Dr. Mark Curtis, Ed.D., is Chief Political Reporter for the five Nexstar Media TV stations in West Virginia, and a Political Analyst for “The Brian Copeland Show” on KGO Radio 810-AM San Francisco.
(Charleston, West Virginia) – It has been a wild ride of politics this week, with some wins and losses for the White House. Politics is about ebb and flow, winning big fights, and avoiding losses that are preventable. As I mention often, I am not an endorser of policies or politicians; rather, I try to analyze the political fallout of what they do. Let’s “brunch” on that this week:
“Syrian Strike” – Regardless of how you feel about what President Trump did in Syria this week, the action speaks volumes to many people. The President had said that he would take action if there was a provocation, and he did. The public often measures politicians by whether their actions match their words. We’ll see in the coming weeks whether there are consequences, but Trump backed up his words with action. That usually is a plus politically.
“Gorsuch Wins” – Associate Justice of the Supreme Court Neil Gorsuch was confirmed on Friday. The President nominated a Scalia-like conservative, and then called in his chits in the Senate to secure confirmation. Yes, there may be eventual fallout after the Senate changed its longstanding rules, but Justice Gorsuch could be handing down rulings for the next 30-plus years. No matter how you slice it, it’s a huge political win for the Trump Administration when it needed one.
“Ten-Foot-Pole Award” – In an awkward interview this week, President Trump was asked about Fox News paying millions of dollars to settle sexual harassment claims against TV host Bill O’Reilly. Trump told the New York Times, "I think he shouldn't have settled; personally, I think he shouldn't have settled. Because you should have taken it all the way. I don't think Bill did anything wrong." Why is Trump even addressing this? He’s President of the United States, with other concerns (see Syria above). Stay out of it. All it does is invite more comparisons to Trump’s own behavior towards women and to that of others like former President Clinton. Pass with a, “No comment,” and move on.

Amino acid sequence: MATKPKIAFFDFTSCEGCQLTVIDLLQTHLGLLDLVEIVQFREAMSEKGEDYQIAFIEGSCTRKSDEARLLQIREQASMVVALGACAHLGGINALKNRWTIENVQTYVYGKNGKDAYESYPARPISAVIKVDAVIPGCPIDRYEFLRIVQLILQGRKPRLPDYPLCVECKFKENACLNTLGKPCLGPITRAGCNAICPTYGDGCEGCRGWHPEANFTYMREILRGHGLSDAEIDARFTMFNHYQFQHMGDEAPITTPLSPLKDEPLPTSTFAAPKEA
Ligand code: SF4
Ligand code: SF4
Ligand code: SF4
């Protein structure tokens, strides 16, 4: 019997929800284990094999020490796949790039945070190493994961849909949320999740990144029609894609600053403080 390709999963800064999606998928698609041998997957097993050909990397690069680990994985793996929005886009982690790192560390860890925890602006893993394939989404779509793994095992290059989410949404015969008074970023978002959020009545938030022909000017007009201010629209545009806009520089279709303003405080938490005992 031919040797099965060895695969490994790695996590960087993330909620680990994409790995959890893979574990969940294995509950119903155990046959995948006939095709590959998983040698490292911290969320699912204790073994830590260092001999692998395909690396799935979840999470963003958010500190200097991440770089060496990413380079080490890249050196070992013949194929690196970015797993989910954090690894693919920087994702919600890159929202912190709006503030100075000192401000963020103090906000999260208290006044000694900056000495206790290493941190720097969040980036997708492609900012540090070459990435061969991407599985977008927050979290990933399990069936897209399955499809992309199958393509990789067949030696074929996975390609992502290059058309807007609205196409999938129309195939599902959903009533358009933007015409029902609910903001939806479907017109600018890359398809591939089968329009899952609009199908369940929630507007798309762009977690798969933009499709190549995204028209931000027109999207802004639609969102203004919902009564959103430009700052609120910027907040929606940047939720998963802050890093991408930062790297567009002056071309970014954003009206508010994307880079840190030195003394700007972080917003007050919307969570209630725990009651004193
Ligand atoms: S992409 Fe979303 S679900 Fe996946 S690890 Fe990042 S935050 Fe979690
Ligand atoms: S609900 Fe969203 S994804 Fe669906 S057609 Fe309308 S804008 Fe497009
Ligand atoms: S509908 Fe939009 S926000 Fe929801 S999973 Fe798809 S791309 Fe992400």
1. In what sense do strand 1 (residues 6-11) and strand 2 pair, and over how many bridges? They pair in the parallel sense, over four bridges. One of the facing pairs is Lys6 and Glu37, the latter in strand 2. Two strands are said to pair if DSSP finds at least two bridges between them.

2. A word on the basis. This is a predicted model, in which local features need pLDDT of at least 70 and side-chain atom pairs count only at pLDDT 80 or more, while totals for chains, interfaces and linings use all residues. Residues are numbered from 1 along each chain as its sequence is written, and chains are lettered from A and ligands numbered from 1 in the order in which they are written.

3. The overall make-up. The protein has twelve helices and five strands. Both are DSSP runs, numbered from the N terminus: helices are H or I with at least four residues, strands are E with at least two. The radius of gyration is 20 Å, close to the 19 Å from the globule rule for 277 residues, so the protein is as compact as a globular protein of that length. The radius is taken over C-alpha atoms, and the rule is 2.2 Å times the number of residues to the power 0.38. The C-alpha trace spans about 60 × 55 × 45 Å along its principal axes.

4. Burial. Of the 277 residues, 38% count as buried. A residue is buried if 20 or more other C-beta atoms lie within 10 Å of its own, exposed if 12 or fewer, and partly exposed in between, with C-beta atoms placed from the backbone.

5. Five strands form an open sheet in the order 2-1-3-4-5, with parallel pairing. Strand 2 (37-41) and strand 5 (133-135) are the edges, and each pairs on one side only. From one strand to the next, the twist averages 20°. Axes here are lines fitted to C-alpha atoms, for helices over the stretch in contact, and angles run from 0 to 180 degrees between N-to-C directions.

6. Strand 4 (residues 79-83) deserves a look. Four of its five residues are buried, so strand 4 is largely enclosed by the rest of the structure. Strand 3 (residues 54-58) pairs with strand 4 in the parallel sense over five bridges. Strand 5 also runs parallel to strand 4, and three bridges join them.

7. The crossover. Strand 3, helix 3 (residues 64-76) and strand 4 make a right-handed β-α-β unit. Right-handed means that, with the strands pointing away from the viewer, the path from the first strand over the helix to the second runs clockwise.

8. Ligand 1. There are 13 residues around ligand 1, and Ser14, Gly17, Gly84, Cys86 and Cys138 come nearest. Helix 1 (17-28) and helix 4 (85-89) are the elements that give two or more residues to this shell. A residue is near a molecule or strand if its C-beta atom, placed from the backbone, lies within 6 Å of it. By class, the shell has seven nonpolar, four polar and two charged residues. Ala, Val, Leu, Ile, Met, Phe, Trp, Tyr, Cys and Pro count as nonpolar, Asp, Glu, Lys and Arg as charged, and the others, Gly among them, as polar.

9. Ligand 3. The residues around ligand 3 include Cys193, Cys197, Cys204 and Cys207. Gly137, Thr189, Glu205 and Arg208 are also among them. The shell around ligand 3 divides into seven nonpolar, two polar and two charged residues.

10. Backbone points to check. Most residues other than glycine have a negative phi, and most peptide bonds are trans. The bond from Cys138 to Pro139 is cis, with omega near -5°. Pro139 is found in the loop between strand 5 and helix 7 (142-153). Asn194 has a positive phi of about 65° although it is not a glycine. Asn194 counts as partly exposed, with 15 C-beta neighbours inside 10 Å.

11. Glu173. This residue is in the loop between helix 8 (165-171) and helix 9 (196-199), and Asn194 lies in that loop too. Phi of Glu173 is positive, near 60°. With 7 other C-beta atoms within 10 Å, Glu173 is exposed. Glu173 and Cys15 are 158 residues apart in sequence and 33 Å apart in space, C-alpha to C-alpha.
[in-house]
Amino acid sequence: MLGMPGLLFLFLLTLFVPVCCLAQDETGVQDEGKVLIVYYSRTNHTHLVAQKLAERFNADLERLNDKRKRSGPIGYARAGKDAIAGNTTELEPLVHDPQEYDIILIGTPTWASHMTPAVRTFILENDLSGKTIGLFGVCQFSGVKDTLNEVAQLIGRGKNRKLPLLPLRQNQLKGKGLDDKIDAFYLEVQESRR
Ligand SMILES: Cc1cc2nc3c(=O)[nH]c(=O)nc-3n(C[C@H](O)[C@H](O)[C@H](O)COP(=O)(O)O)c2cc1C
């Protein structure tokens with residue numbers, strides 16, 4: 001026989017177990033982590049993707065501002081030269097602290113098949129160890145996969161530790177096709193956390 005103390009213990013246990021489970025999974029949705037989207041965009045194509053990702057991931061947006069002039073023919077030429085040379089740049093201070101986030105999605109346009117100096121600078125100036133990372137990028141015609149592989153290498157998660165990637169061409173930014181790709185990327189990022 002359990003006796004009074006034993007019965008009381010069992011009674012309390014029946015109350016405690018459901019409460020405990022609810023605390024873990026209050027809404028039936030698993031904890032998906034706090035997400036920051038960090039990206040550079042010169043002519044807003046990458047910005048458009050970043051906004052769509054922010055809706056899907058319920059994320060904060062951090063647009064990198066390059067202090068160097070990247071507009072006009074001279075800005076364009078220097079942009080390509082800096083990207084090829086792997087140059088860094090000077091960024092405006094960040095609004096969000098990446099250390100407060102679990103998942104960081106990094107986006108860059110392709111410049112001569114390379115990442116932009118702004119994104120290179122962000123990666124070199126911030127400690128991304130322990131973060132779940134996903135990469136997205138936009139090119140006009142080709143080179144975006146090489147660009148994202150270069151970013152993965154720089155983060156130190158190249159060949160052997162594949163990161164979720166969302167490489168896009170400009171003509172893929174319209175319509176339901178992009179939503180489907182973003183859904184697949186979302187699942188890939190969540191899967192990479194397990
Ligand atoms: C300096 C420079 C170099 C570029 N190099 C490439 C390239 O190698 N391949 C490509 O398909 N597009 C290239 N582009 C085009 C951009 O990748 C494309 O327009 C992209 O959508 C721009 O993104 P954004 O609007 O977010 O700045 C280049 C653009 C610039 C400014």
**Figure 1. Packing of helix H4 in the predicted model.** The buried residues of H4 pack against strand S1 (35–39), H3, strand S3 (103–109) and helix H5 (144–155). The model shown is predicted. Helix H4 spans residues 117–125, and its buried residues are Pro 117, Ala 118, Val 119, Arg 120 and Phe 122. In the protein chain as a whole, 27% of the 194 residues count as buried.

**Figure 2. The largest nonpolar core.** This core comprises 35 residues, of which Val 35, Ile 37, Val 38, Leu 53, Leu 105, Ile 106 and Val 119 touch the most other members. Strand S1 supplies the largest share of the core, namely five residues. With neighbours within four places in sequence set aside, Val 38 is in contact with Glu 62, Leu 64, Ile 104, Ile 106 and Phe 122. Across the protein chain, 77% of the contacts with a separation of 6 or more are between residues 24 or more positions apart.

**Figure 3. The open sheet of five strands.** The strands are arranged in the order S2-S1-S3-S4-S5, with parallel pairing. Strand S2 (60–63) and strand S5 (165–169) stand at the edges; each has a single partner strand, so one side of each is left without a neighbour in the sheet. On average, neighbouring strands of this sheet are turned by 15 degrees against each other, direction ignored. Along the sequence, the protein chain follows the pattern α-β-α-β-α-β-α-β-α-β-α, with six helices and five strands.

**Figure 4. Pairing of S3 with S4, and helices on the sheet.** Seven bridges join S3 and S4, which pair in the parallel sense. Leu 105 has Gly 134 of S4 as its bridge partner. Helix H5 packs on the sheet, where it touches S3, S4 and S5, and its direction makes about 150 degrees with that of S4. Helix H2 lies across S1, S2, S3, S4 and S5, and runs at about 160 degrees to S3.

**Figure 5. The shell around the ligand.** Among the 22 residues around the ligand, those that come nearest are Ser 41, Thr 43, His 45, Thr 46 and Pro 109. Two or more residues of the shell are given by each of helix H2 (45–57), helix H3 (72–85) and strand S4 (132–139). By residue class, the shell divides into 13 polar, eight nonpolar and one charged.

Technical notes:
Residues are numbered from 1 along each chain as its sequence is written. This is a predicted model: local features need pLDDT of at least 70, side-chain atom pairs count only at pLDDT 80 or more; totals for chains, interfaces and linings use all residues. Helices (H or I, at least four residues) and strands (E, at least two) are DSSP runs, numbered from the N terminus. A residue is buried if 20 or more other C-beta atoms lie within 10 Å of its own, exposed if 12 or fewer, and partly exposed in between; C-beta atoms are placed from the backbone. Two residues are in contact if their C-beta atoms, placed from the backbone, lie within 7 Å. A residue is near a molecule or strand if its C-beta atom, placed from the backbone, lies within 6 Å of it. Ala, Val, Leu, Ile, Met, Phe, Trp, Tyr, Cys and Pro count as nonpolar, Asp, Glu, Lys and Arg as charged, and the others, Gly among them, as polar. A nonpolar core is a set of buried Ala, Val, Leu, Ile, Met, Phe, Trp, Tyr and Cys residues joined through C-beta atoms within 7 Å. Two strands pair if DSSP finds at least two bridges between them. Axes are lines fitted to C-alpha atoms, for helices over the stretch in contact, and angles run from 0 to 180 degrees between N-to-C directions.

“Bashing Assad; Blaming Russia; Blaming Obama” – Diplomacy has never been Donald Trump’s trademark. He’s the proverbial "bull in the china shop"; and that’s okay – because it’s his authentic style (for better, or for worse). He blamed Syrian President al-Assad for the mess in his own country, and blamed the Russian meddling, too. But blaming former President Obama for the atrocity committed by Syria last week seemed a stretch. Look, I understand the criticism of many that President Obama declined to launch military strikes years ago. Maybe that was a tactical error back then. But to include Obama in the blame rightly shared by al-Assad and Putin this week rings hollow to many in this country
“Winning Graciously” – I think a shining example of diplomacy and grace in motion involved President Reagan and outgoing President Carter in 1981. Ronald Reagan had beaten the incumbent in November due to the worst economy since the Great Depression and to the fact that 52 American hostages were still being held in Iran after one year. Yet, instead of wiping Jimmy Carter’s face in the dirt with it, President Reagan asked Carter to fly to Germany to welcome the hostages upon their release on Inauguration Day. It was one of the classiest and most unifying moves I’ve ever seen by two Presidents in my lifetime. U.S. politics has traditionally stopped at the water’s edge.
“Momentum Matters” – President Trump has been in office about three months. He’s had some tough losses including those on immigration restrictions and the Obamacare repeal. Now he’s buoyed by his firm action in the Mideast and by his win at the Supreme Court. Sure, things could go south again next week, but for now he has a couple of wins and the momentum that may come with them. It may be short-lived, but maybe not. In politics, momentum matters.
“Power Struggles” – There has been a lot of chatter this week about power struggles within the White House. Senior Advisor Steve Bannon was removed from the National Security Council. Senior Advisor (and Presidential son-in-law) Jared Kushner received more duties and responsibilities. There are reports of a power struggle between Bannon and Kushner. Now, when I lived and worked in DC, this would have been major news for all those inside the beltway. But in my years beyond DC, I’ve learned that people in the heartland and elsewhere have no stomach for this stuff. It means nothing in their lives, and they simply don’t care. Washington take note!
What are your thought on what transpired this busy political week? Just click the comment button at www.MarkCurtisMedia.com.
© 2017, Mark Curtis Media, LLC.
Photo courtesy: cbsnews.com